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The carpal bones are eight short bones, arranged into two rows of four, situated in the wrist. The proximal row is the row closest to the arm, situated next to the ulna and radius. The distal row is situated next to the metacarpals, which are the first row of bones in the hand.
The proximal row of carpal bones, which lay closest to the ulna and radius, from the lateral to the medial, consist of the scaphoid, lunate, triquetrum, and pisiform. In this context, lateral means the side furthest away from the body, and medial means the side of hand closest to the middle of the body. The distal row of bones, which lay farthest away from the radius and ulna, closest to the bones of the hand, from medial to lateral, consists of the hamate, capitate, trapezoid, and trapezium.
The carpal bones are short bones. Short bones have a compact bone surface surrounding a cancellous, or porous, bone center. The bone center contains small spaces which are usually filled with marrow.
As a group, the eight carpal bones form a concave structure anteriorly, meaning that they have an inward curve, forming an indent or shallow dip when viewed from the front. Viewed from the back, these bones form a convex structure, meaning that they bulge outward. The flexor retinaculum is a large, tough ligament which stretches over the carpal bones on the anterior side. This ligament is attached to a small protrusion on the trapezium at the base of the thumb, and is also attached to a small protruding hook-like structure on the hamate bone. The indented carpal bones, covered by the flexor retinaculum, form the carpal tunnel.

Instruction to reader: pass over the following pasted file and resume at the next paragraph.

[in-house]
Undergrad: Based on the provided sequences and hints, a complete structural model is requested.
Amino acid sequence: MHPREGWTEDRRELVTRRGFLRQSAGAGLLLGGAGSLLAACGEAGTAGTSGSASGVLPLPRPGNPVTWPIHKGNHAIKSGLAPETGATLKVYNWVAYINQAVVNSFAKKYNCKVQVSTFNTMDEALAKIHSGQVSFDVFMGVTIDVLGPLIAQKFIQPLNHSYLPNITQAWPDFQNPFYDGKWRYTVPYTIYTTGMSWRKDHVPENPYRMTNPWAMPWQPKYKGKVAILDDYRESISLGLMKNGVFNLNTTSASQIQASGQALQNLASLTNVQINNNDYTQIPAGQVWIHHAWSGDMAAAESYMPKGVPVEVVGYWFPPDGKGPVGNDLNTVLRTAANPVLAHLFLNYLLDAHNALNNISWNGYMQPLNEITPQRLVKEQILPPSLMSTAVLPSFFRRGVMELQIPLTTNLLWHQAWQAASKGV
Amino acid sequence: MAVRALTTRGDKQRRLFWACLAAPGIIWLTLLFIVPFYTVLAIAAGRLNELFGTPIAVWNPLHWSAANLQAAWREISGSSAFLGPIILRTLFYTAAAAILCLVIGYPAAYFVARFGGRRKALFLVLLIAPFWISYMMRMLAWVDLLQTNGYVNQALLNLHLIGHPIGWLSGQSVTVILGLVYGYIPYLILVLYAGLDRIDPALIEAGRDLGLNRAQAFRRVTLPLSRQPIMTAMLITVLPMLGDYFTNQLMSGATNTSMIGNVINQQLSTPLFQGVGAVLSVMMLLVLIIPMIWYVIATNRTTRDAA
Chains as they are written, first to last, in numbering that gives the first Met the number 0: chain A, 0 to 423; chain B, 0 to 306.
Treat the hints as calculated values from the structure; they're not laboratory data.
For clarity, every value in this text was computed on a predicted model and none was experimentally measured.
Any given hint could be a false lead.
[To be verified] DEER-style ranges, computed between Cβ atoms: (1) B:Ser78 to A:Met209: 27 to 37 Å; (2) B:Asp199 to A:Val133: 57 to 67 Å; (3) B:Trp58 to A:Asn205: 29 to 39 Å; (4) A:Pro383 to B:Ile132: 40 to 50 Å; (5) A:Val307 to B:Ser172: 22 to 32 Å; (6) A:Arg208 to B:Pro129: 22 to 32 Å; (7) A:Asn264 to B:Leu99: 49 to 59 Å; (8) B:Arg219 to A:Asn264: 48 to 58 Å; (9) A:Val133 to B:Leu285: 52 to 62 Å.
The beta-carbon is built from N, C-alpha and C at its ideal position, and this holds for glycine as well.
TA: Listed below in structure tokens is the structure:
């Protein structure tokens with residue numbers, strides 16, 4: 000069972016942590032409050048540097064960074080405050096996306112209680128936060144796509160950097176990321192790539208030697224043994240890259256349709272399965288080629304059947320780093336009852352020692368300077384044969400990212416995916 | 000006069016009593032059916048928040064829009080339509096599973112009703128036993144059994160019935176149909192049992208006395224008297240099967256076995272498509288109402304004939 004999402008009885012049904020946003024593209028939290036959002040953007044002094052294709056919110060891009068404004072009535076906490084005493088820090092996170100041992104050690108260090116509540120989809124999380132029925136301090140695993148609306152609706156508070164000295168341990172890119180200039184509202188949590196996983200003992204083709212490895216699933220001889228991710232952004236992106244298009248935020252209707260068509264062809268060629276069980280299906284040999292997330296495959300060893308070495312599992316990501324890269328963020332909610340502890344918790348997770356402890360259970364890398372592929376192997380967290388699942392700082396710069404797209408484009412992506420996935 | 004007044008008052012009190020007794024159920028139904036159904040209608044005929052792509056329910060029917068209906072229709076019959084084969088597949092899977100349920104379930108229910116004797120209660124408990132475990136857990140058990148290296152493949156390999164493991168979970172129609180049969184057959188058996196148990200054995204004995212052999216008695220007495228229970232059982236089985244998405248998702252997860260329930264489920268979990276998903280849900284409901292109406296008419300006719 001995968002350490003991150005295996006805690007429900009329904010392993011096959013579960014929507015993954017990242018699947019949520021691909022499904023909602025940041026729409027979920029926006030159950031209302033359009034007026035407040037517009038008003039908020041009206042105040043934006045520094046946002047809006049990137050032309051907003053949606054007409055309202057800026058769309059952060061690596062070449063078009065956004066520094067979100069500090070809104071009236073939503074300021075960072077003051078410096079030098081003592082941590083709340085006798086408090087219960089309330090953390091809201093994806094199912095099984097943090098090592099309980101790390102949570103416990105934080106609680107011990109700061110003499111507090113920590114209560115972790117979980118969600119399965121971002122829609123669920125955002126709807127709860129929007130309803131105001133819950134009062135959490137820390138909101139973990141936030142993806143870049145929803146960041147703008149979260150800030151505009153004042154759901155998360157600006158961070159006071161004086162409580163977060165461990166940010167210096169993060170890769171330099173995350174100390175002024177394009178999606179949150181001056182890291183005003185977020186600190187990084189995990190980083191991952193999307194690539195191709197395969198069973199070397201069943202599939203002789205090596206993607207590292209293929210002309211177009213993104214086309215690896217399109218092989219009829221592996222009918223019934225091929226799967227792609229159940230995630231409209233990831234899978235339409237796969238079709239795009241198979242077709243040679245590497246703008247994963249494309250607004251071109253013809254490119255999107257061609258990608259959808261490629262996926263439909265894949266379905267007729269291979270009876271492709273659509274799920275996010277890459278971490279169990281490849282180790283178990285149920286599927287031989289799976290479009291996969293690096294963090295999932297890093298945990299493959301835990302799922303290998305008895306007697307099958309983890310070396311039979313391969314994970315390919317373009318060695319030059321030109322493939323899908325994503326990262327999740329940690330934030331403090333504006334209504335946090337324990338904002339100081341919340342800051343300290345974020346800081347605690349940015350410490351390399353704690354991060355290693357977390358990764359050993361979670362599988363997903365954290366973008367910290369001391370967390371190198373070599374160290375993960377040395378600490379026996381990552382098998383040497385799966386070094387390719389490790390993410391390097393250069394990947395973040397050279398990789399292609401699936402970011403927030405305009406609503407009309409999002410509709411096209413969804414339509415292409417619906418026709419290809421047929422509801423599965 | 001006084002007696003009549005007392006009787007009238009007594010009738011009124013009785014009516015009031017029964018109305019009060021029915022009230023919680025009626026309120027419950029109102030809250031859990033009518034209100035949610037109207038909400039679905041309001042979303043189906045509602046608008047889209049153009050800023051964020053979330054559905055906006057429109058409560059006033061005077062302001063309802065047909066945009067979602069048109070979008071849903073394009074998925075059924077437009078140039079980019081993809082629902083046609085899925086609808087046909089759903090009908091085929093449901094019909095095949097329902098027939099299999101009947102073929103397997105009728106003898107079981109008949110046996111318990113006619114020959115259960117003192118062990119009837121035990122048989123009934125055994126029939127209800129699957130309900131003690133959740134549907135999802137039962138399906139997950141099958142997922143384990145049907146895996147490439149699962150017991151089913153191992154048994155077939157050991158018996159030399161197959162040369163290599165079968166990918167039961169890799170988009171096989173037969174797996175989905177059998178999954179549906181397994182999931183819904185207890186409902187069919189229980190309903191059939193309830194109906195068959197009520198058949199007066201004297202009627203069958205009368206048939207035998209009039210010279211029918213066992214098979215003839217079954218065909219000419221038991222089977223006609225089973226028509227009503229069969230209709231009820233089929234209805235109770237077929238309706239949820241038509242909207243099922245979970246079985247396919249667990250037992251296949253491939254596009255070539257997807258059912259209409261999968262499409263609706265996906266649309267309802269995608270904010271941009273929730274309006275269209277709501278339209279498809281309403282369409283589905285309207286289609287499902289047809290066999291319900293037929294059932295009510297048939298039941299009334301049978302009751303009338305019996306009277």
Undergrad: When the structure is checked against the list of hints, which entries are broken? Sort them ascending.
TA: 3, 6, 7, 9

The median nerve, the flexor tendons of the fingers, and blood vessels pass through the carpal tunnel, running from the forearm into the hand. The carpal bones and the flexor retinaculum have a very limited capacity to stretch. This means if any inflammation, accumulation of fluid, irritation, or inappropriate deposits of tissue occurs within the carpal tunnel, the median nerve or one of the other structures in the tunnel becomes trapped against the bones or the flexor retinaculum. This condition is known as carpal tunnel syndrome.
The anatomical position of the carpal bones forms a joint, allowing for flexibility and rotation of the hand and wrist. Four surfaces of the bones are surrounded by cartilage. This allows the joint or the bones to articulate and move against one another smoothly, without causing pain or discomfort. When this cartilage degrades, the bones grate against one another and can cause moderate to severe pain.
The structure of the carpal bones, and the range of motion in the wrist, means that this area is particularly prone to injury. Injury can happen during sporting activities, as well as being caused by falls and repetitive motion. Most injuries occur when the wrist is in a flexed position, as the carpal bones, tendons, and ligaments are under the most stress when flexed.
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